Making Idea Programs Successful
It seems so simple – implementing an Idea Program. You invite everyone to give ideas; you evaluate the ideas and implement the ones that are promising. But unfortunately it is not that simple. I have seen many companies fail badly with their idea programs and ended up with hundreds or even thousands of ideas stuck at the evaluation phase or not being implemented, leading to extremely dissatisfied employees with strong objections towards any type of attempts to re-launch the Idea Program.
Of course many companies have had success with Idea Programs, implementing thousands of ideas, and generating millions in cost reduction or new business. Therefore the question: how do they make it work, what is the secret? What are the main ingredients for a successful idea program? Let me explain this through very simple logic by starting from the beginning of the innovation process.
To have a successful idea program you need, first of all…..ideas. If possible, many ideas as well as high quality ideas. But to have many ideas, you need to have staff motivated to participate and this only happens when, first of all, management shows the importance of the program to the company and communicates this frequently. Second of all, employees get stimulated by recognition, either financial or other, depending the culture of the company (make sure that you align recognition with the type of ideas you are looking for). And third of all, make it easy for them, so make sure you have a system, easy to use to capture the ideas. It might be that some of your employees get better by learning some creativity techniques as well.
After you received many great ideas, you will need to understand how they should be handled. Particularly, any idea program receives ideas in different stages and different complexities and it is highly recommendable that they are treated differently. Small incremental ideas, for example should never be handled by a committee. Imagine a committee evaluating 1000 ideas per month from distant factories, for example. So, once you have defined the people that will evaluate the ideas, you need to make sure that these people are aligned around rules and idea definitions, so that they evaluate ideas the same manner. Also, guarantee that they evaluate the ideas..You will need to have a governance structure in place, with a coordinator and well planned routines. And they need to be informed on how to give feedback. I cannot count the times that employees complained about the rough or thoughtless manner management gave them feedback about their idea. That doesn’t feel good after you just spend several weekends elaborating on your idea…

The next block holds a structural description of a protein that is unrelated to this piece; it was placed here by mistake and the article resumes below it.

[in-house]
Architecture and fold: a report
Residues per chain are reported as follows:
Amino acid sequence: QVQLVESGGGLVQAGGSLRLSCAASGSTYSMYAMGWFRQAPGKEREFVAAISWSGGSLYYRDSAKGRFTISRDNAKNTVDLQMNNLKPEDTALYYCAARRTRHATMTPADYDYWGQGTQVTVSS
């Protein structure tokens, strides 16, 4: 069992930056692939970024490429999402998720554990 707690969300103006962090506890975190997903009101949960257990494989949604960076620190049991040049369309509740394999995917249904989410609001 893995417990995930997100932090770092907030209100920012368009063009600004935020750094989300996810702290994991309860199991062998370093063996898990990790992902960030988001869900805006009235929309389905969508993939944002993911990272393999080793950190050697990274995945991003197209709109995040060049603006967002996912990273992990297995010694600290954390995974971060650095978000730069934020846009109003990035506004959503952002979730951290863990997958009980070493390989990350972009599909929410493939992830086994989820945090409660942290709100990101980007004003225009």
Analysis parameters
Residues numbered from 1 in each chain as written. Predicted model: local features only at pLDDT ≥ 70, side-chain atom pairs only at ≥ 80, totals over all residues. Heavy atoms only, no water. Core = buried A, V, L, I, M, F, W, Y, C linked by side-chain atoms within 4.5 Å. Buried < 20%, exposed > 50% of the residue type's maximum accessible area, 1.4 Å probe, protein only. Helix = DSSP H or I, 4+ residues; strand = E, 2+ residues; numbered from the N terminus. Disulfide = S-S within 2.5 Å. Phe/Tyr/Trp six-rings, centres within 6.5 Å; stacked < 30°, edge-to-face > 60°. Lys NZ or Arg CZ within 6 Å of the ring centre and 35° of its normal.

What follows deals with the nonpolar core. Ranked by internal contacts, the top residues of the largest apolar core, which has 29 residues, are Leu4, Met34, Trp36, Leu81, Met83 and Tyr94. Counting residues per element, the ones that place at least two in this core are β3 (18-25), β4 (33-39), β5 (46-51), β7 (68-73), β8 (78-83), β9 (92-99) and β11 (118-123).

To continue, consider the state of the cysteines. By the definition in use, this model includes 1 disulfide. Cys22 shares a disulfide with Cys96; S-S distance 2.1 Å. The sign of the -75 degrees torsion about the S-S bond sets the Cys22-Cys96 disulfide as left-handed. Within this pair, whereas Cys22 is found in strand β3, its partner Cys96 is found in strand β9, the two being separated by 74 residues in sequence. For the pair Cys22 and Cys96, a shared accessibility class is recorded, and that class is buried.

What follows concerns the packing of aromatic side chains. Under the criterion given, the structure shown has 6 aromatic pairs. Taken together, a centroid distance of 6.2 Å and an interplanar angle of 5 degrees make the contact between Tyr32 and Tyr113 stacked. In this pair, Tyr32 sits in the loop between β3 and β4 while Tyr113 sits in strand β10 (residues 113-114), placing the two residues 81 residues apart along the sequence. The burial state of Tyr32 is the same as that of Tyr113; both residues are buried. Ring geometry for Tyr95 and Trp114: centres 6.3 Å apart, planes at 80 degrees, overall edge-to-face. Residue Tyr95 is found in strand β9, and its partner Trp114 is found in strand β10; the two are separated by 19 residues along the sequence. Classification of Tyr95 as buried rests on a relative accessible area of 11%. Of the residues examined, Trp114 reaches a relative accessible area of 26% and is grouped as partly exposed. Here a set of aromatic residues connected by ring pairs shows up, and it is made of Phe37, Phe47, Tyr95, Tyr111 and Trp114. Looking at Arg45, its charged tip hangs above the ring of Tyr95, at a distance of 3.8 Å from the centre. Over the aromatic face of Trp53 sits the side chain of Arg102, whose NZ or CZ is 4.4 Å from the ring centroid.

Hopefully, some ideas get approved, and once they are approved, you need to have to give people responsibility for their implementation (and of course time!) and you will need to have money available for their implementation. Some ideas do not need many resources, but others do, and to guarantee these resources, make sure you show results! The best way of getting more money for your idea program is showing that you are making money for the company! So measuring success is important to guarantee future success. To measure and to adjust to improve your programs’ success, you will a strong system, which will help you to understand what is happening through detailed reports.
Summarizing, different types of Idea Programs need different types of ingredients. And this is important: your Idea Program should be set up in such a way that it generates the type of ideas you are looking for, being them incremental ideas for your factory processes or radical new businesses. All aspects of the program need to be aligned with these objectives: communication and change management, recognition, governance structure and routines, clear and explicit rules, measurement, training and a system that supports all of the process.
Caspar van Rijnbach is a specialist in innovation management and partner at TerraForum Consulting in Brazil – www.terraforum.com.br and www.terraforum.ca. Co-author of “Innovation: Breaking Paradigms” and “Management 2.0’’ (in Portuguese).
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